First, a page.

The governor told the new chief of Yellowstone National Park Tuesday that bison herds should be thinned inside the park to prevent them from spilling into parts of Montana where they could spread an animal disease to livestock.
In their first meeting since Daniel Wenk became park superintendent, he and Democratic Gov. Brian Schweitzer agreed that a new approach to bison management was needed.
But Wenk resisted the culling proposal, saying it was not a workable solution in the park that straddles Wyoming, Montana and Idaho.
More than 500 park bison have been captured this winter and face possible slaughter under a federal-state program to protect surrounding cattle ranches from the disease brucellosis. The effort has been sharply criticized by wildlife advocates and some members of Congress.
Bison slaughter shipments were put on hold by Schweitzer last month. But with more bison continuing to be captured as the animals exit the park _ including 45 Sunday _ the corrals where the animals are being held along the Montana border have hit capacity.
On Tuesday, park officials moved some of the newly captured animals to a second holding area _ a government-leased ranch known as the Brogan Bison Facility that is several miles north of the park.
The 25 animals were first given blood tests that came up negative for exposure to brucellosis. They will be held for release back into the park in the spring, officials said.
The park now has about 3,500 bison _ including those already captured _ and Yellowstone officials have said it can sustain up to 4,500 of the animals.
But Schweitzer said Tuesday it was irresponsible for the park to have such a large bison population knowing that during harsh winters many will flood out of the park and into Montana.
Schweitzer said the state is working on buffer zones allowing bison in small areas.
Many hundreds of the animals can leave Yellowstone during harsh winters, when they move out of the park's mountainous terrain in search of food at lower elevations.
More than 1,400 bison were slaughtered during the last mass migration in 2008.
"Montana doesn't think we should be in a position of hauling brucellosis infected bison out of the hot zone," Schweitzer said. "I don't think there is anyone who thinks that is a sustainable plan."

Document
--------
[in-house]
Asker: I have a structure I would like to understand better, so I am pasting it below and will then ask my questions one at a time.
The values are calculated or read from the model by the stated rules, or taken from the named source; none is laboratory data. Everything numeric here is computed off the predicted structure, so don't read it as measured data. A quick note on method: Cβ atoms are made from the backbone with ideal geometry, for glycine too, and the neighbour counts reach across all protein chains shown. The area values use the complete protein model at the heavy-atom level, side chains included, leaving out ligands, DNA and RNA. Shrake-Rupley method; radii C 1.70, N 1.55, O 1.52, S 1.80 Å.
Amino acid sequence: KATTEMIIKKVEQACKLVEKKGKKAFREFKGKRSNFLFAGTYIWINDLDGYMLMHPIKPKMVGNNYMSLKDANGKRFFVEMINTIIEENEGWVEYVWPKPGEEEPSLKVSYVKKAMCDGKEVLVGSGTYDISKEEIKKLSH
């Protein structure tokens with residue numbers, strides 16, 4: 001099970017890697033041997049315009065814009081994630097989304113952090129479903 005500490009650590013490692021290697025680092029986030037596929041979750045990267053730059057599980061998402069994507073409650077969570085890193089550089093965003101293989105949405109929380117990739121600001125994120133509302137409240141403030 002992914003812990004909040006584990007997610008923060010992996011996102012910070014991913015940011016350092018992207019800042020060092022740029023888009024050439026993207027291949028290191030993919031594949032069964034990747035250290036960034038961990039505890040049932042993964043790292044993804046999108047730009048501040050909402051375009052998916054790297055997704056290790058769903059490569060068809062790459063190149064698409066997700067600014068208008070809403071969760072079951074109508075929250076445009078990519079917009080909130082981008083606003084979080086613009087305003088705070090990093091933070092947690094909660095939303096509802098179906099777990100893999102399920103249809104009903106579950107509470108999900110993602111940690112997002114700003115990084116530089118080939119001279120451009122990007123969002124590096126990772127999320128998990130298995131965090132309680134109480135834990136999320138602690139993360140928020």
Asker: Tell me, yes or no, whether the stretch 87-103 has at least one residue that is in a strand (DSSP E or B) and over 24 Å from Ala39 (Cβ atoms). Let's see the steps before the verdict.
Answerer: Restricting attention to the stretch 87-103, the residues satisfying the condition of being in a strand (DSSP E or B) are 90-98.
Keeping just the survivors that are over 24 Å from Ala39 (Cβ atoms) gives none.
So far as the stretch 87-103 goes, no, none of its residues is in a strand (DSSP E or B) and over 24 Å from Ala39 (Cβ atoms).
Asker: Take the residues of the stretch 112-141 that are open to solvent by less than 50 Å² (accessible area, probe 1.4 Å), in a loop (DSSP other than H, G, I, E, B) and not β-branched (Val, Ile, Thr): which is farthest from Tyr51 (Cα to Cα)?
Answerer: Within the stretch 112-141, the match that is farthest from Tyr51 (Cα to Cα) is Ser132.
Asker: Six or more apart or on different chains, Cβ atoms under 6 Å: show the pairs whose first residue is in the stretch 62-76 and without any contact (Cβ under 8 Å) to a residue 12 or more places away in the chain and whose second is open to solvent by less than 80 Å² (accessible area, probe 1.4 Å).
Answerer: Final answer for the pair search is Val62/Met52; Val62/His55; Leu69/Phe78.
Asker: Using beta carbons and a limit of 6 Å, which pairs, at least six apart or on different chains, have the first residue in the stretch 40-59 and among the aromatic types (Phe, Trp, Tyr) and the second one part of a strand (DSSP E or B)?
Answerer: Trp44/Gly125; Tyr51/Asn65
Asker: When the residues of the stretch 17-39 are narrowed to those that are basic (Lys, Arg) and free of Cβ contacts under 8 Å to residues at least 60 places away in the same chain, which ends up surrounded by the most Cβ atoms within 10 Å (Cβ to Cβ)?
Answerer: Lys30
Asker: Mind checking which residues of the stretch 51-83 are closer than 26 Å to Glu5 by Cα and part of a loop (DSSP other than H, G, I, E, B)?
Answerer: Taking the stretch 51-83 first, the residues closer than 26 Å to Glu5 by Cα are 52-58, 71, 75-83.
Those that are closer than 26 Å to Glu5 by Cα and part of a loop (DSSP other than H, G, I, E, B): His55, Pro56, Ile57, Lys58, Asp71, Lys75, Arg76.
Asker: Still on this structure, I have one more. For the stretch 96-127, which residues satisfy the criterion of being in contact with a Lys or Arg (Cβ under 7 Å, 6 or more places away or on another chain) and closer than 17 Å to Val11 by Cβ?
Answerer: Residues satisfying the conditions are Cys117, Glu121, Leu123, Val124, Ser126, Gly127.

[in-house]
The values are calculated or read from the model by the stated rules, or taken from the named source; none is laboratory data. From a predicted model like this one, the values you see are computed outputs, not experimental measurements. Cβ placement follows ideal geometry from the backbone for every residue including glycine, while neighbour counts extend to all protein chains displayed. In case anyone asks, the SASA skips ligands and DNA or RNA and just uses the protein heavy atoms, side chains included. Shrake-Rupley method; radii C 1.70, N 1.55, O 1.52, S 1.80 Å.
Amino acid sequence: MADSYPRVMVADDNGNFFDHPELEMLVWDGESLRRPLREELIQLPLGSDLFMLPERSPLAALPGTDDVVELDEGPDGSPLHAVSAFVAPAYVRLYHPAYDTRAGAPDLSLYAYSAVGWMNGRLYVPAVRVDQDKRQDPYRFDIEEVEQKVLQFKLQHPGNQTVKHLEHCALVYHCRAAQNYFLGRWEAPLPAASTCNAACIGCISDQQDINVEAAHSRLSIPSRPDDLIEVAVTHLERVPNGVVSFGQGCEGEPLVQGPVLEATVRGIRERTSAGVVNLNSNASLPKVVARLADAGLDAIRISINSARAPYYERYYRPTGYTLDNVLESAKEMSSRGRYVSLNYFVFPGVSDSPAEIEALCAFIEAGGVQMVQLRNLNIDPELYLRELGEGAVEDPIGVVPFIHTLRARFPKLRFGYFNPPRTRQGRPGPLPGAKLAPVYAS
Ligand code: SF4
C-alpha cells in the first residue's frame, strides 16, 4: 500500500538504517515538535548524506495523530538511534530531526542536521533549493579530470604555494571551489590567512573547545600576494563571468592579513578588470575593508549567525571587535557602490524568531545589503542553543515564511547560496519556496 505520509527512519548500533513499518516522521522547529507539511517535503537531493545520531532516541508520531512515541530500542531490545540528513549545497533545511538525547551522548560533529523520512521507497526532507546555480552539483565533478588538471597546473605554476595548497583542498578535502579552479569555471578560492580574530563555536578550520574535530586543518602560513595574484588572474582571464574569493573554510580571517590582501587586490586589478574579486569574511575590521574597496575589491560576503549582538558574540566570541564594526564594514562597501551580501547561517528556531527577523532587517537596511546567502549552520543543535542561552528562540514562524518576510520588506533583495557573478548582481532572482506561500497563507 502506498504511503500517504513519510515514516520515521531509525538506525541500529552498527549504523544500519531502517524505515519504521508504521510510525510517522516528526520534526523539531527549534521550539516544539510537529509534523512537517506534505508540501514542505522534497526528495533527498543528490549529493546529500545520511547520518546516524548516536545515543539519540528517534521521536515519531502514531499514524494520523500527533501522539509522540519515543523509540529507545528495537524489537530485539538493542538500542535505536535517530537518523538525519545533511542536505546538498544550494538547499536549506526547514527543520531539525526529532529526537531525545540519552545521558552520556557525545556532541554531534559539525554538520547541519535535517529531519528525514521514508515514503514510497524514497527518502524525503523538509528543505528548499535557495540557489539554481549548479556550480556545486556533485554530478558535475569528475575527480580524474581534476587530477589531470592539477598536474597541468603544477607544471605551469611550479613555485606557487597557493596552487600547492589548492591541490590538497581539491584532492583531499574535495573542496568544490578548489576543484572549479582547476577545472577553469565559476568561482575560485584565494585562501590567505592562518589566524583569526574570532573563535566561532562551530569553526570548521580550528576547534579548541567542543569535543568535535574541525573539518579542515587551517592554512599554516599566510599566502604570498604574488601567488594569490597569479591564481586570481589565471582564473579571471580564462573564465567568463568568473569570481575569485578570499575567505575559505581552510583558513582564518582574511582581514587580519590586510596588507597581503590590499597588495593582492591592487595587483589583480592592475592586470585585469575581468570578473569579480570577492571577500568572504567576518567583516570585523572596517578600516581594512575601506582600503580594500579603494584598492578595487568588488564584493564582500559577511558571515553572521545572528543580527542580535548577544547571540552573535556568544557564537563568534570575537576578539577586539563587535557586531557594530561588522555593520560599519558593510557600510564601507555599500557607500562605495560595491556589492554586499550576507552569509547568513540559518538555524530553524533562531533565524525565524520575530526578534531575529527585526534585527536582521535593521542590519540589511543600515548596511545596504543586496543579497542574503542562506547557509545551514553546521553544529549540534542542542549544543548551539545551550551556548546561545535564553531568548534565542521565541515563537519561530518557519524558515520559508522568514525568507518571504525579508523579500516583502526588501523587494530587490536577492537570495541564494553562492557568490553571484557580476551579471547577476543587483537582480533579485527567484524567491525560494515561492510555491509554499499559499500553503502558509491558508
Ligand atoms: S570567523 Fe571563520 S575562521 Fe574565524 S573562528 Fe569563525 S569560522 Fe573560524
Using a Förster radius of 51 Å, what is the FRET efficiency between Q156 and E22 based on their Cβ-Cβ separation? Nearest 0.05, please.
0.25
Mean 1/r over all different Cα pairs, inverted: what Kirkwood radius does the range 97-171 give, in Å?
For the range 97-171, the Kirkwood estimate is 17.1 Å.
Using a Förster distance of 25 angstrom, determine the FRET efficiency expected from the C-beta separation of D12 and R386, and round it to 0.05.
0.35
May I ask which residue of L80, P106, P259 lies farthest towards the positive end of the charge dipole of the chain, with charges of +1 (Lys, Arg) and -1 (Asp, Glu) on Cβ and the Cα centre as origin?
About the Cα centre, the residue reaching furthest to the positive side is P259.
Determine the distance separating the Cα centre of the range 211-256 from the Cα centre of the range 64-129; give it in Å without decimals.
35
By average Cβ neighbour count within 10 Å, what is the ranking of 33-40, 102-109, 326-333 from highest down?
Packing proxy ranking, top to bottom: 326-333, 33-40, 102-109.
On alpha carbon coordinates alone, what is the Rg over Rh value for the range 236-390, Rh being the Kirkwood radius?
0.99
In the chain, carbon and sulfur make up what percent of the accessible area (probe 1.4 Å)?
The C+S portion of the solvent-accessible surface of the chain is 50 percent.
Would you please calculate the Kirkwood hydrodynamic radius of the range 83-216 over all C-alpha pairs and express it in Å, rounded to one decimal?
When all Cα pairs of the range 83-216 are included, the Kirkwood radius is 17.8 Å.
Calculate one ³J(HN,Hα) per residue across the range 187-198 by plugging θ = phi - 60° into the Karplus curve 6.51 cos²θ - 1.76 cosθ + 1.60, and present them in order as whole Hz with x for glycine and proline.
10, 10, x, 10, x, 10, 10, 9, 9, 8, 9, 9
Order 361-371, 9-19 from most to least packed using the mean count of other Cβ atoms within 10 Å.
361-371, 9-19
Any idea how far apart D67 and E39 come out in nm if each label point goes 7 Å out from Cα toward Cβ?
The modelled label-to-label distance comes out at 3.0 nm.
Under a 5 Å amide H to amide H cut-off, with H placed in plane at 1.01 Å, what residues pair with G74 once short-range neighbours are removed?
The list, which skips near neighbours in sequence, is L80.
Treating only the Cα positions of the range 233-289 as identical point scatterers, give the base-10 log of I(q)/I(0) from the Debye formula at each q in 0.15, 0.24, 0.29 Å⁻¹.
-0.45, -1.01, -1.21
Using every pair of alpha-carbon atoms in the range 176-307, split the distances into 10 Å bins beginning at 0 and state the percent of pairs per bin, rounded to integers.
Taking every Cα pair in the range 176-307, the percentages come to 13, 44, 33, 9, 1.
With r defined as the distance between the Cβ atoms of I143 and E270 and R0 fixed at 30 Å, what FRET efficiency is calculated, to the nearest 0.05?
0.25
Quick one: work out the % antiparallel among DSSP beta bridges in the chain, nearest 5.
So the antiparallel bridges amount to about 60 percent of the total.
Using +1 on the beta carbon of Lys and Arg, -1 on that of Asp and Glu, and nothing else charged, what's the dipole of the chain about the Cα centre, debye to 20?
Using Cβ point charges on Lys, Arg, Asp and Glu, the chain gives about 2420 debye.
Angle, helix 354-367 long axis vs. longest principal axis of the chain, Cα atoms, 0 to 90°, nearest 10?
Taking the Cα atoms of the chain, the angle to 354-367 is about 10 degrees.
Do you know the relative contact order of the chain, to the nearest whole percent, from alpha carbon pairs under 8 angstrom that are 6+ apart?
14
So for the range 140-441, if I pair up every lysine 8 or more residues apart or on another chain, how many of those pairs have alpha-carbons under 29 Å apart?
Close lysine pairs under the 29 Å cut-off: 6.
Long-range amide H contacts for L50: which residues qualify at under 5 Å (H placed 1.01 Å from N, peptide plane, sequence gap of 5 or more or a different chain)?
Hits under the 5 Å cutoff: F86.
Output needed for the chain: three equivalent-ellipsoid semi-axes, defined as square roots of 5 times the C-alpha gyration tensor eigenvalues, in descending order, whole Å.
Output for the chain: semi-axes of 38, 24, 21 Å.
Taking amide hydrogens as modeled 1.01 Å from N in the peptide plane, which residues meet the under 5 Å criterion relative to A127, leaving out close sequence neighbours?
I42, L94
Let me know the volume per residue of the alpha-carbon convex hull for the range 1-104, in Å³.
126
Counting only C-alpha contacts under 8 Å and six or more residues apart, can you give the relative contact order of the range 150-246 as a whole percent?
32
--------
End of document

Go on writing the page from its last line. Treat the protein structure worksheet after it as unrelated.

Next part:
He said a managed hunt, or "adaptive culling," inside the park would shift some of the burden of managing the size of the bison herds back to the federal government.
Wenk said the Park Service would oppose the idea and there would be numerous objections to killing the animals inside the park.
"This is almost a policy question of historic proportions for Yellowstone National Park," he said. "If we started that process we would be under fire from a lot of quarters."
He said both sides agree a better plan is needed.
"I do believe we have the same goals," he said. "How we reach them is going to need discussion."
Schweitzer didn't buy the argument that culling the animals in the park would be too disruptive, particularly given that the wild animals already are corralled and shipped all over the state for slaughter.
The park previously culled bison until the early 1960s to help control their population, and Schweitzer pointed out other national parks have culled elk herds when they grew too large.
Hunting already is allowed outside the park. About 200 bison have been killed this year by Montana hunters and members of several American Indian tribes that hunt under longstanding treaty rights.
Brown reported from Billings, Mont.